Note: Courses on women and gender offered in other departments can fulfill these requirements.
I. Women and Gender in American Society
II. Women and Gender in the Humanities
III.Biological and Psychological Perspective on Women or Gender
IV. Women or Gender in International and Cross-Cultural Perspective
V. Special Topics on Women or Gender

Please come to the Women?s and Gender Studies Department office (664-2840), Rachel Carson 18 for further information and for current offerings or call Charlene Tung 664-2086 or Cindy Stearns 664-2708.
Total units in supporting courses 7
Total units in the minor 16

Career Minor in Women?s Health

Women?s health is a large and growing area of research and policy interest in the United States. The curriculum is organized toward enhancing students? opportunities for employment in health care and other settings. It is a highly suitable program for those interested in pursuing careers as nurses, physicians, counselors, therapists, public health workers, research analysts and policy makers, and in a variety of other fields.

The career minor in women?s health provides students with interdisciplinary course work, training, and work experience in the politics, practice, and experience of women?s health. Career needs of both health care providers and liberal arts and sciences majors are addressed.

Program Advisor

Cindy Stearns, Women?s and Gender Studies
Rachel Carson Hall 32, 707 664-2708/2840

Minor Core Requirements (6 units)

WGS 280 Women?s Bodies: Health and Image 3
NURS 480 Health, Sexuality and Society or  
WGS 350 Gender, Sexuality and Family 3

Practical Application (3-4 units)

WGS 499 Internship in Women?s Health Setting (4) or  
NURS 425 Senior Clinical Study (3) 3-4

Electives (10-11 units)

All electives must be health (including mental health) related. When the health course does not explicitly deal with women?s health, students are expected to do their term papers and projects on women?s health issues and to be prepared to share these course materials with the program coordinator.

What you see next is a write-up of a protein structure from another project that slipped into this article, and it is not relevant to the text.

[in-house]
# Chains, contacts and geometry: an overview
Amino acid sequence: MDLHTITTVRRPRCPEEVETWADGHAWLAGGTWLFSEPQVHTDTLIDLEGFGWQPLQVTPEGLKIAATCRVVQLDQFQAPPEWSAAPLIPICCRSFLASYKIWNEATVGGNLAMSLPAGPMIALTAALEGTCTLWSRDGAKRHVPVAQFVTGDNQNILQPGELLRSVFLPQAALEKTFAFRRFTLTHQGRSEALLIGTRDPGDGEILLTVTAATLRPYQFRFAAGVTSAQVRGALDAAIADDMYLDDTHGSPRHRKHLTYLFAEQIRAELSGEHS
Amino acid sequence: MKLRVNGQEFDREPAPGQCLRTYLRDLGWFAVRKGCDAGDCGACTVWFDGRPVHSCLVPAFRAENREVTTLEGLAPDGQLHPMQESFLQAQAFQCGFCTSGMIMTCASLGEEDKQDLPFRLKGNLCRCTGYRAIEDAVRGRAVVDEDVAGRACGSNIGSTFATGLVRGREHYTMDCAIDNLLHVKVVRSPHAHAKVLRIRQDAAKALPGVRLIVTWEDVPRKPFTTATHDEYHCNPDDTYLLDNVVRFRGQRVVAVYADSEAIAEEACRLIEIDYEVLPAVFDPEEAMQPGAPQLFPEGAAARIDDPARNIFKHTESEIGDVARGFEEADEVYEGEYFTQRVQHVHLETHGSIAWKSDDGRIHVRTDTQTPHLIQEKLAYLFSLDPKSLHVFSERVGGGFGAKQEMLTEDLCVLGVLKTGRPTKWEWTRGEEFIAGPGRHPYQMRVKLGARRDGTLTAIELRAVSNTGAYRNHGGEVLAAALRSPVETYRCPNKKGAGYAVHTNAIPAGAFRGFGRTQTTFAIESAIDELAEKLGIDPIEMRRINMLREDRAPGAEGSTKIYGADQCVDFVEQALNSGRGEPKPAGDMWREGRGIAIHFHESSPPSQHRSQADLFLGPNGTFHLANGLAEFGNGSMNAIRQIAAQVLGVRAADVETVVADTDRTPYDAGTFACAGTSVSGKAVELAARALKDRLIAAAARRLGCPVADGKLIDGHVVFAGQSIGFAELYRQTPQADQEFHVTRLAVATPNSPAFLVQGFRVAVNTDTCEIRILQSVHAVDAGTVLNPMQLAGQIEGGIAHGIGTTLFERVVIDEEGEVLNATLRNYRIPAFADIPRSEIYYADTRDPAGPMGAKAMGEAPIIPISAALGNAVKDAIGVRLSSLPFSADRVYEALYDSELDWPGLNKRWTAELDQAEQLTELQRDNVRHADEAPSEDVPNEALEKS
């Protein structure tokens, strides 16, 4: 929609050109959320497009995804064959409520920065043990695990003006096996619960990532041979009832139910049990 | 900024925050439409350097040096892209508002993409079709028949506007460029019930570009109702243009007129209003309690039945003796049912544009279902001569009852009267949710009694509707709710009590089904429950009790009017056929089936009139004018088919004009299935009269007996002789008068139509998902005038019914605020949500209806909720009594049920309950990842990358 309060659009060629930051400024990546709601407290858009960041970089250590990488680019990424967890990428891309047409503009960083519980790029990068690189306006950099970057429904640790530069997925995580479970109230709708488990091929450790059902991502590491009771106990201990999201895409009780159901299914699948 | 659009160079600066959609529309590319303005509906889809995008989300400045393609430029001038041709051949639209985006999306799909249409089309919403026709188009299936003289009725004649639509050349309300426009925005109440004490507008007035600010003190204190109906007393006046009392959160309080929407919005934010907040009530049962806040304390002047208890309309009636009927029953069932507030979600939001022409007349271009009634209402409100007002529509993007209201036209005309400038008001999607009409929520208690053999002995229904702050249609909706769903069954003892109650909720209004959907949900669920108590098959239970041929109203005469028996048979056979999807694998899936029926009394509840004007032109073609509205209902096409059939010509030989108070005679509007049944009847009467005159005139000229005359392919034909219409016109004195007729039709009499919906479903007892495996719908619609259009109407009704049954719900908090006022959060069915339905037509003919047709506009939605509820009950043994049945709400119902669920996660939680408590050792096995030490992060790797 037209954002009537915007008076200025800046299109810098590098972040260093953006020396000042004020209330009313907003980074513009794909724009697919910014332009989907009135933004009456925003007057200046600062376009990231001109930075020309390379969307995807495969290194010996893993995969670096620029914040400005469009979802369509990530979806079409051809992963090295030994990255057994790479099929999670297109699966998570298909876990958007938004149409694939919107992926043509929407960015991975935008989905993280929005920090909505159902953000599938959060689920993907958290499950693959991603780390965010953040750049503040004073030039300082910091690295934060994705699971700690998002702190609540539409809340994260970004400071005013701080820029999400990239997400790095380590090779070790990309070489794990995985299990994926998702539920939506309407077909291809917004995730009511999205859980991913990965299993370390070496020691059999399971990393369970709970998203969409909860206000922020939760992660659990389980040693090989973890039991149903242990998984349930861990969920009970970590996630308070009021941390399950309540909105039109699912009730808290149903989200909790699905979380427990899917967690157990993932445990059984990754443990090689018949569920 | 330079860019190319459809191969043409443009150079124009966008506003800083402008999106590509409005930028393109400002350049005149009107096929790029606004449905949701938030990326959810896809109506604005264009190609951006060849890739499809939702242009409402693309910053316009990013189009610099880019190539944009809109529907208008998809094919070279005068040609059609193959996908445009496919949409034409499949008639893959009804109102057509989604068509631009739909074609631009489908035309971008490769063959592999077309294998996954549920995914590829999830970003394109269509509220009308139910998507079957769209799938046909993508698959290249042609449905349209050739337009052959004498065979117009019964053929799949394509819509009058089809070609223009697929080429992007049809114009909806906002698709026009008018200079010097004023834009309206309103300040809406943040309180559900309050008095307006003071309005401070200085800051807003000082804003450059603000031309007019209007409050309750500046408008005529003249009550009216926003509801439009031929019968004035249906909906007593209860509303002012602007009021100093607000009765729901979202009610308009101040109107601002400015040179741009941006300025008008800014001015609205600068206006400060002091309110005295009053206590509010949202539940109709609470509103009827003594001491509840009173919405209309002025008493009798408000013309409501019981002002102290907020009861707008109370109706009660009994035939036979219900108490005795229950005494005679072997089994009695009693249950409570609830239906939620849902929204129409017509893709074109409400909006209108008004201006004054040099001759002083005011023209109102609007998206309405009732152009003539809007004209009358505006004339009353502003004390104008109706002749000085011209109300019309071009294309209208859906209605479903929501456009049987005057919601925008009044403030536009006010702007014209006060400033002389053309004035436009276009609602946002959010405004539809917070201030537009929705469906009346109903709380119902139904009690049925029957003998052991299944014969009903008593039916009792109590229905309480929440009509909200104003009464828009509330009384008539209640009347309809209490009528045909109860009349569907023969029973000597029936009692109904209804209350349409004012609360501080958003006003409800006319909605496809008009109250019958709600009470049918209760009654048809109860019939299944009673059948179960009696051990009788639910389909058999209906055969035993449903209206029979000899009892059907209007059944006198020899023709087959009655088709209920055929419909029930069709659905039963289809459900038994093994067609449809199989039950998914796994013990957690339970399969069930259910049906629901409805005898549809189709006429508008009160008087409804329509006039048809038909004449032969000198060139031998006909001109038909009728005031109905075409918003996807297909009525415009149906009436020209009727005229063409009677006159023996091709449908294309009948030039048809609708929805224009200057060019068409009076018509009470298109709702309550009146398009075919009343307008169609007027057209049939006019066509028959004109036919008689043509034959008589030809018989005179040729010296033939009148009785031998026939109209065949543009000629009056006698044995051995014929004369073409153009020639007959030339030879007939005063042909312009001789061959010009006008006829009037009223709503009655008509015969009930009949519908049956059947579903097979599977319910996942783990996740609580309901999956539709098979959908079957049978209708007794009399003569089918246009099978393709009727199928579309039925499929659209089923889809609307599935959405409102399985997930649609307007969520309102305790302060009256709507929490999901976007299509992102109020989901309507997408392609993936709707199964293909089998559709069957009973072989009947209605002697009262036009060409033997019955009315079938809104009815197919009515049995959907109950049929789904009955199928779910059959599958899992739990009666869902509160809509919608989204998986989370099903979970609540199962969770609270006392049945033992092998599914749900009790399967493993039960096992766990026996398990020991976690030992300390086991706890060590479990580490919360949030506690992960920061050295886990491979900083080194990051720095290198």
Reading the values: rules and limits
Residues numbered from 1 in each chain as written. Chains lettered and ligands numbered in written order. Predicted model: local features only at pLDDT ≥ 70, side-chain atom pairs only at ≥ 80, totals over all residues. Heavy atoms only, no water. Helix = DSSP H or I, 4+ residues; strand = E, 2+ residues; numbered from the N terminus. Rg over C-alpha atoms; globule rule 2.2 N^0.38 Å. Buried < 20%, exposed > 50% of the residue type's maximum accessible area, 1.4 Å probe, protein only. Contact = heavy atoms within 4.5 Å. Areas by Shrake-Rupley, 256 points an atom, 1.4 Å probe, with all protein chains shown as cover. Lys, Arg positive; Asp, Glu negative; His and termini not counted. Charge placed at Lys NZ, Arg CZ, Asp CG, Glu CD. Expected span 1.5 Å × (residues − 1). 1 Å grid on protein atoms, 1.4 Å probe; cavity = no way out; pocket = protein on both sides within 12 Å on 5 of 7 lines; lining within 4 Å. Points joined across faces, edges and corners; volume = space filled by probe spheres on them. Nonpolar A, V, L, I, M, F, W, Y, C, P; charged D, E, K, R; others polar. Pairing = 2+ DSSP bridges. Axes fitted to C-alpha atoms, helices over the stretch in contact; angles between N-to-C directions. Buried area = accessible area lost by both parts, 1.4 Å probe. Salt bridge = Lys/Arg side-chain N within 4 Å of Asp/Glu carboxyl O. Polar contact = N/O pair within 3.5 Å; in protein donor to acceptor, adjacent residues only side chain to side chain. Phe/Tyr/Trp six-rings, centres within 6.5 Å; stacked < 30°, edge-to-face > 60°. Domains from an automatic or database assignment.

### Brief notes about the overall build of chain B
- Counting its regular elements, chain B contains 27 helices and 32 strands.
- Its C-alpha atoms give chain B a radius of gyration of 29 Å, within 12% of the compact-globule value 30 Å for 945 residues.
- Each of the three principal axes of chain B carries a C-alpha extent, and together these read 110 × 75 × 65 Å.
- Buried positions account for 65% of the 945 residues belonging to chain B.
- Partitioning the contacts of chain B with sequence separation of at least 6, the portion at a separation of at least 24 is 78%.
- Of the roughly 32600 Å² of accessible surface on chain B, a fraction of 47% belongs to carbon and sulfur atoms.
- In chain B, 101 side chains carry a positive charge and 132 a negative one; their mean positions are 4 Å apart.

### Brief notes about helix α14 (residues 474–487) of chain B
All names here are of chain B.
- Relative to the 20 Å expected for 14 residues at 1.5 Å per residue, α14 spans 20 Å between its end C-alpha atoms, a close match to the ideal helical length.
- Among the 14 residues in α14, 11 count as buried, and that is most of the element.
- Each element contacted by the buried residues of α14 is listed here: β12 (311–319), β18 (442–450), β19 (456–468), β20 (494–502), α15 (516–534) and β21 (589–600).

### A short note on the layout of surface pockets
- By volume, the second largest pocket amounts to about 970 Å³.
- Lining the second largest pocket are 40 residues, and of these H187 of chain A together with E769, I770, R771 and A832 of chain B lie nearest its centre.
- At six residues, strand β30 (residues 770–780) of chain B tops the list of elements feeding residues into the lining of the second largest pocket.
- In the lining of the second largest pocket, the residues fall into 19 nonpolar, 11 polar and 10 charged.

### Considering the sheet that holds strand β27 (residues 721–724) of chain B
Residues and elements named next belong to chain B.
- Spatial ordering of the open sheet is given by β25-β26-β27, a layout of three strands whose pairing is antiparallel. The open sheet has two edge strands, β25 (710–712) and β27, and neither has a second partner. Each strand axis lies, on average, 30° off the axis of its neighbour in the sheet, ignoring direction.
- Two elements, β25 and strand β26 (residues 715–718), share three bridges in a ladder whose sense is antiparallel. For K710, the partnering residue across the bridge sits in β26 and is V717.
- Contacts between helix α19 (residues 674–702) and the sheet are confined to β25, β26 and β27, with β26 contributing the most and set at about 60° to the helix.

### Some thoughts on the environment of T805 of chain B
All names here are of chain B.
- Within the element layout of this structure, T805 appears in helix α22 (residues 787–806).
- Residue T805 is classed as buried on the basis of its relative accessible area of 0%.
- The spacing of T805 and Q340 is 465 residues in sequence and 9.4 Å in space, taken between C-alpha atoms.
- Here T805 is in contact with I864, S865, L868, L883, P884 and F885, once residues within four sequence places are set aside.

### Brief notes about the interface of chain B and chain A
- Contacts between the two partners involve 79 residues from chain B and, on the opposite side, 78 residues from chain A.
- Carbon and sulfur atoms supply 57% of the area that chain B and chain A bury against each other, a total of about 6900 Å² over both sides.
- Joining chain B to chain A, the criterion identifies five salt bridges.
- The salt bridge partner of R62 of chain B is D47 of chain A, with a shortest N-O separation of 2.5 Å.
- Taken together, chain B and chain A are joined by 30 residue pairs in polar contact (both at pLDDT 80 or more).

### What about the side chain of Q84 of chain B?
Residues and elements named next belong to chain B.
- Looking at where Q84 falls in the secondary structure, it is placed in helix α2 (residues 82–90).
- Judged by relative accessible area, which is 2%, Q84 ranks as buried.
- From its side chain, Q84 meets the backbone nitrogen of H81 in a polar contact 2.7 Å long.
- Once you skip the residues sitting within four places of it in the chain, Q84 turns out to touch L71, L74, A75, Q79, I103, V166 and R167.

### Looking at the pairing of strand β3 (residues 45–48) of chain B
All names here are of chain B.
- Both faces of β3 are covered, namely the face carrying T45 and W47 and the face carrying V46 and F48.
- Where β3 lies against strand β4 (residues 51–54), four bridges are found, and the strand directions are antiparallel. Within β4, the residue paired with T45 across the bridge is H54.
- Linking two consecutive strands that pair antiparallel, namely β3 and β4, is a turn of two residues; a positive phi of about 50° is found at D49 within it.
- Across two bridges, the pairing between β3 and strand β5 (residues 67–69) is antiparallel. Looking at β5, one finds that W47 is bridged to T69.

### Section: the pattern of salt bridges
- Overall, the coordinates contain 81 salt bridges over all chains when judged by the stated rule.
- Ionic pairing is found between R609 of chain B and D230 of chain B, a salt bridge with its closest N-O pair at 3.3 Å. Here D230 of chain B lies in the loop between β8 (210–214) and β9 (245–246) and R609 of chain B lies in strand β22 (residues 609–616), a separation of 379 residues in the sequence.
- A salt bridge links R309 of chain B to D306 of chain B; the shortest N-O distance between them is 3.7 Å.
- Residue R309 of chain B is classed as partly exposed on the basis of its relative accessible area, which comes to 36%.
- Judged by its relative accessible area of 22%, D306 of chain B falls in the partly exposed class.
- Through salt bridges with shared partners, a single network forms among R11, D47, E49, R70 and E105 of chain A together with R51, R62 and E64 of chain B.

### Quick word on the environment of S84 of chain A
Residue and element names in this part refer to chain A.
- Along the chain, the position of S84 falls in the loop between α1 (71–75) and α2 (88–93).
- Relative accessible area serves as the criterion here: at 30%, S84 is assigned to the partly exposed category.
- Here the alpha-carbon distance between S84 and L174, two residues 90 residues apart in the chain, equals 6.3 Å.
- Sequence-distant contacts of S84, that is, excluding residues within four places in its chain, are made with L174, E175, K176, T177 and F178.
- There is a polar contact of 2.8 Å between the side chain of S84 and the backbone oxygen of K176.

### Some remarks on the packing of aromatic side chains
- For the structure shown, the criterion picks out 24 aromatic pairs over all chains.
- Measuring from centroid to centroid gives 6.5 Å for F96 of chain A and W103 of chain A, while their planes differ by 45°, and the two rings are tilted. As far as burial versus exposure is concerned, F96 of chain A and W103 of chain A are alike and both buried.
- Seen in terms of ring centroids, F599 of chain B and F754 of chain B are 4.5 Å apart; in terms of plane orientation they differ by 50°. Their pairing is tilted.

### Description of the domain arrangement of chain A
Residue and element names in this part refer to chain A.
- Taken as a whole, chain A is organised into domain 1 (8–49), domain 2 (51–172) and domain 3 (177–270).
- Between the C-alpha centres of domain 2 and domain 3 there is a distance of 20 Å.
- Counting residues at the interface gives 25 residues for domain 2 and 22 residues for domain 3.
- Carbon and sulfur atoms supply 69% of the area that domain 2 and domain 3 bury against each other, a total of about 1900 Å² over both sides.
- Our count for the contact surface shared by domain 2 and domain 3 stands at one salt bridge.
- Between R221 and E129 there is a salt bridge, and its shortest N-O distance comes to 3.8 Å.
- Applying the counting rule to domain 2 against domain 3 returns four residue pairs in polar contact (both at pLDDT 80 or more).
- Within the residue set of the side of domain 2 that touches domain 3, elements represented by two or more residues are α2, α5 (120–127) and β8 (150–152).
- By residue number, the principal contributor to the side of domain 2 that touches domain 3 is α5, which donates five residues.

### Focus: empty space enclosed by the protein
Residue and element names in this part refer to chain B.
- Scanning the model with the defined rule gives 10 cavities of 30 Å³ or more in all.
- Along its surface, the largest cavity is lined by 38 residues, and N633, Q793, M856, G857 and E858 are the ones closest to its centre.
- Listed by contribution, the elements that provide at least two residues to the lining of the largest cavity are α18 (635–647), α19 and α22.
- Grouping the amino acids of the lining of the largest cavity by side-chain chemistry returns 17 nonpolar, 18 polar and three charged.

Suggested Electives

AMCS 432 Health and Culture 3
GEOG 396 Medical Geography 3
GERN 300 Basic Gerontology 3
NURS 340 Health and Illness in the Expanding Family 4
NURS 360 Community Health Nursing 3
PSY 404 Psychology of Women 4
PSY 408 Transitions in Adult Development 4
PSY 454 Biofeedback and Somatic Psychology 4
SOCI 452 Health Care and Illness (crosslisted as GERN 452) 4
WGS 301 Women's Health Lecture Series 1-2
WGS/NURS 495 Special Study Research on Women?s Health 1-4
Total units required in the minor 20

For more information call Cindy Stearns (707) 664-2708 or come to the Women?s and Gender Studies Department office in Rachel Carson 18.

Sample Four-Year Plan for Women?s and Gender Studies Major

Plan to complete the major (44 units) and graduate (120 units) in eight semesters starting in the freshman year. This major is organized to facilitate a double major or minor in another discipline. Hence 20 units of the major can be counted toward the double major. (e.g., all the disciplinary concentration and 4 additional units can be counted for both majors).

Freshman Year: 30 units

Fall Semester (15 units) Spring Semester (15 units)
GE (3), GE (3) GE (3), GE (3)
GE (3), GE (3), GE (3) GE (3), GE (3), GE (3)

Sophomore Year: 30 units

Fall Semester (16 units) Spring Semester (14 units)
WGS 280 (GE) (3) or WGS 285 (3) WGS elective (3)
Lower-division course in disciplinary concentration (4) Disciplinary course (4)
GE (3) GE (3)
Electives (6) Electives (4)

Junior Year: 30 units